Custody and Access

There are two aspects to custody:

First, there is legal custody, which is the decision making power regarding the child (ren). If the parties have joint custody, major decisions must be made by both of the parties together, but minor decisions may still be made by the one parent who has care of the child (ren) at the time that a given issue may arise.

Joint custody works well in situations where there is good communication between the spouses and they are able to focus on what is in the best interests of the child (ren). If the parents have too many disagreements, joint custody can be more challenging.

The second aspect of custody is physical custody. Physical custody deals with the time that each parent will spend with the child (ren).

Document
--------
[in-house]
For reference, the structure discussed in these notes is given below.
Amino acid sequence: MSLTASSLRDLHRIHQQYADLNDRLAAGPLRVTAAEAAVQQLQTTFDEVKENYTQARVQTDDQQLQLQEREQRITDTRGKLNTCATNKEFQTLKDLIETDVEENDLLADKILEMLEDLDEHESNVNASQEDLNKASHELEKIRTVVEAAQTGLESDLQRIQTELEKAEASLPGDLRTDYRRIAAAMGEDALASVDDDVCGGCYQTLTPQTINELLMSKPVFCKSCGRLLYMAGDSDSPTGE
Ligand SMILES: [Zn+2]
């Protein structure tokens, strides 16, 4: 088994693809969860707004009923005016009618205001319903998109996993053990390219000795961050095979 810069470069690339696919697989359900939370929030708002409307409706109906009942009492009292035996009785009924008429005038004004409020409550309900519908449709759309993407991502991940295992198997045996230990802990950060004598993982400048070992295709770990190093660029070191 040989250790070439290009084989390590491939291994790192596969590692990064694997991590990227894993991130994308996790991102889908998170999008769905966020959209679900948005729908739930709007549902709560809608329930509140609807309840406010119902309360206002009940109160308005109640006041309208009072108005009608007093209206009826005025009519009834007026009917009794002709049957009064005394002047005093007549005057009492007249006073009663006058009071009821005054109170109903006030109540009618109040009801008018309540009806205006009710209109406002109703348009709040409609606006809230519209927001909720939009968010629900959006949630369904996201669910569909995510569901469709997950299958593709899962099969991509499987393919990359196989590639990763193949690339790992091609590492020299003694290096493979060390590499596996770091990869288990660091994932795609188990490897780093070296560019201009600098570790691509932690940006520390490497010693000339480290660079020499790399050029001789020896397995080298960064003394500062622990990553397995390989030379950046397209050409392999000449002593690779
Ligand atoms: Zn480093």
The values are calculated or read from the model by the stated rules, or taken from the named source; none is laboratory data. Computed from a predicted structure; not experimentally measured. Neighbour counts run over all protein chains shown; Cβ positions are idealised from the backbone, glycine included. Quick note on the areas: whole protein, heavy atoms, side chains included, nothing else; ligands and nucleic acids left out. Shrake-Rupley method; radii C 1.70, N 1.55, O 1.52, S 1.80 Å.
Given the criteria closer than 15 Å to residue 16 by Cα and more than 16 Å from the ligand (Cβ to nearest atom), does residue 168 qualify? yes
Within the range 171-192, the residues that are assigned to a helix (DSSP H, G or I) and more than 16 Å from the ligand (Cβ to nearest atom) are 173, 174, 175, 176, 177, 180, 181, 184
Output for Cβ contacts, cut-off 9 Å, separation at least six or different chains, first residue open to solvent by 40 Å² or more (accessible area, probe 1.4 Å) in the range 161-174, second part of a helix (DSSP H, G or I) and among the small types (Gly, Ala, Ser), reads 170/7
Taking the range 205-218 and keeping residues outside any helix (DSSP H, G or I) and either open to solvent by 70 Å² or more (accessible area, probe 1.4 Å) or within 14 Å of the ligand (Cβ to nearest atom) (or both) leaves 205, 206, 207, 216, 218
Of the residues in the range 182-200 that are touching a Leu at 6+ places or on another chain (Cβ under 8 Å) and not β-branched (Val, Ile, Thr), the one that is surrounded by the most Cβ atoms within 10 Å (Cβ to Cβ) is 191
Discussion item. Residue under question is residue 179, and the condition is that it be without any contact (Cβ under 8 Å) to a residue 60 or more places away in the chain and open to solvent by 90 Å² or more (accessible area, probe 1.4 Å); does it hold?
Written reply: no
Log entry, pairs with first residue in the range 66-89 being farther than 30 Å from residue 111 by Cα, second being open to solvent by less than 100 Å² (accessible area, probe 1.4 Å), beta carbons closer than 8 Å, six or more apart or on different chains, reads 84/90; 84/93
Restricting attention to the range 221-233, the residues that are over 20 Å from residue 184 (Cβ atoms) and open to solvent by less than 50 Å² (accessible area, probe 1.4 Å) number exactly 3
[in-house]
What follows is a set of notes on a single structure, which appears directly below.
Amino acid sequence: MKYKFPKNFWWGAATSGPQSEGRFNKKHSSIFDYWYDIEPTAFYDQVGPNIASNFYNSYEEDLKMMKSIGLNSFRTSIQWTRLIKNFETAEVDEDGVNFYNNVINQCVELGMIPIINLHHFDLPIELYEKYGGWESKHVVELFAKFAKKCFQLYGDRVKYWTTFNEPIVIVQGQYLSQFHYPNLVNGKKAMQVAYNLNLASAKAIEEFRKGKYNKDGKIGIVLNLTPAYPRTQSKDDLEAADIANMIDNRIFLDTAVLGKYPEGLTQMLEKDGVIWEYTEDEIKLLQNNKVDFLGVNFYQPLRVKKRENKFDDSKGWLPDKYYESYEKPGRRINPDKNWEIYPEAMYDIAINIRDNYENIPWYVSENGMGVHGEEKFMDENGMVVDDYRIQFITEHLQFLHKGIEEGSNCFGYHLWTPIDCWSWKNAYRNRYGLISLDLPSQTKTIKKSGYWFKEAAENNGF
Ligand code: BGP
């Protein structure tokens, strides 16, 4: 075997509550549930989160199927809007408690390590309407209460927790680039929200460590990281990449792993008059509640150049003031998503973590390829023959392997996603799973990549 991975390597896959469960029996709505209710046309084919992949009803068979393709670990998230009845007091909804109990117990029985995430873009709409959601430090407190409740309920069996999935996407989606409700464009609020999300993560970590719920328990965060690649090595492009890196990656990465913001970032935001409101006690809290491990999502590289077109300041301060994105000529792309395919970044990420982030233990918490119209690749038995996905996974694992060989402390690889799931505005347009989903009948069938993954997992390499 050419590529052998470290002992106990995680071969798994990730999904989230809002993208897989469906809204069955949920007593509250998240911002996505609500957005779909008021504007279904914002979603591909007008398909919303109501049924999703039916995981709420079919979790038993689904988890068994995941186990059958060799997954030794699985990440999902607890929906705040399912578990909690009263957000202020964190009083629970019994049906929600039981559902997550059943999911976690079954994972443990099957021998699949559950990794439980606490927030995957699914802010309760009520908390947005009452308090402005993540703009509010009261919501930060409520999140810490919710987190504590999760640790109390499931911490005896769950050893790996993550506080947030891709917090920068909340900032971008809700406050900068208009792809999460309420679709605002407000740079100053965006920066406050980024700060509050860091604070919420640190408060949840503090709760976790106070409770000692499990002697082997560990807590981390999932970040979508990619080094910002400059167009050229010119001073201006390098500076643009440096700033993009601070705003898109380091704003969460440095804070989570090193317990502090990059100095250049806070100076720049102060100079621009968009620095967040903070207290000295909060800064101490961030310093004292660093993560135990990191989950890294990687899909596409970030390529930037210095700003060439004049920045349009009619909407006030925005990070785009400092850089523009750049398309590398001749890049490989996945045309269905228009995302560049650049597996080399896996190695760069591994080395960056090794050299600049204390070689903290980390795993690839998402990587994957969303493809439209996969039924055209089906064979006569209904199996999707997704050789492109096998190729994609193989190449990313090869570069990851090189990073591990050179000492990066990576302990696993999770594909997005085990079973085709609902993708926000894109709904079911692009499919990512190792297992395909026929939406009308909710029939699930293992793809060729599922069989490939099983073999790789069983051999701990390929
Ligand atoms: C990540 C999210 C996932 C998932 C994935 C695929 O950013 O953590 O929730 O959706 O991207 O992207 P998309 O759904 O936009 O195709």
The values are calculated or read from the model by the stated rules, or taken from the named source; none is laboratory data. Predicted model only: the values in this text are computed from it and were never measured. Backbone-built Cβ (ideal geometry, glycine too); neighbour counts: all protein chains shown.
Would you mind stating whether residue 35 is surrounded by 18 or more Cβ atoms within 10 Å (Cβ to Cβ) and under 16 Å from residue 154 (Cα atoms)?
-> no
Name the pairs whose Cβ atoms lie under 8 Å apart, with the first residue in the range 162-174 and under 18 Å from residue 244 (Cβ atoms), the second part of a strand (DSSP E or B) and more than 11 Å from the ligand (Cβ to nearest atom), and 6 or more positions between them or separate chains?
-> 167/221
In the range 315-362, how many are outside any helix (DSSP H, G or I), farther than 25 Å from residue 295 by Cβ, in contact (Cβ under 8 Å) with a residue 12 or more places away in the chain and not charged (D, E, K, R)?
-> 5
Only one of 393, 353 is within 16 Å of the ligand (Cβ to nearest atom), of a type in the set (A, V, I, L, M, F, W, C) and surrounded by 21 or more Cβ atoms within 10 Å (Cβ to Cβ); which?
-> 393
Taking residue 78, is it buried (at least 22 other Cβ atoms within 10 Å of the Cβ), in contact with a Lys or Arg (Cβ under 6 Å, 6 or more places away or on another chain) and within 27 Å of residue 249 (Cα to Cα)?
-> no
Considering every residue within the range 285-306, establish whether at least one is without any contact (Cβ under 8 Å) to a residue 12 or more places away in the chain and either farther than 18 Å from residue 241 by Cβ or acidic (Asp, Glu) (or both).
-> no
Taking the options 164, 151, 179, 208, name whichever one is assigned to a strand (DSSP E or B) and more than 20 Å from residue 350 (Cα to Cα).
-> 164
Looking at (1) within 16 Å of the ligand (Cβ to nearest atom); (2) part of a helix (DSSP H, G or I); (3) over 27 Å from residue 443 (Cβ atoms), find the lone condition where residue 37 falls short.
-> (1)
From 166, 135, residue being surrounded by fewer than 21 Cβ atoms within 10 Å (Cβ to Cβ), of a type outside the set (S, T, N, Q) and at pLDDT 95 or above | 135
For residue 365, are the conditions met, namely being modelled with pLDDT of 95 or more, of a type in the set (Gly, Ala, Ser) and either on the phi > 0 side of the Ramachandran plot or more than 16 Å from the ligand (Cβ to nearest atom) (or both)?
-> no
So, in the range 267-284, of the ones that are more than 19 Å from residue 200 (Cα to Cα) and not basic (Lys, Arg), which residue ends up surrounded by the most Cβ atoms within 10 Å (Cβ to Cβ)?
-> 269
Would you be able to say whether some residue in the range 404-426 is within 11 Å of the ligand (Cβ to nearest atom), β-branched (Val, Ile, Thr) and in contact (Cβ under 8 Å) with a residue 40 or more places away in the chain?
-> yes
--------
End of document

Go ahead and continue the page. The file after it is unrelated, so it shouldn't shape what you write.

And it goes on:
There is a great deal of different physical custody regimes (systems) in place across Ontario. Some parties find that an equal time-share is appropriate (e.g., four days with the mother, three days with the father, three days with the mother, four days with the father, and etc.) Other parties find that what is referred to as the “traditional” access regime is more appropriate (e.g., one parent sees the children every other weekend, from Friday at 5 p.m. to Sunday at 7 p.m., and one evening, or overnight, during the week.)There can be a great deal of conflict in this area. There are many schedules that can be discussed and put into practice to fit the needs of the parties and the children.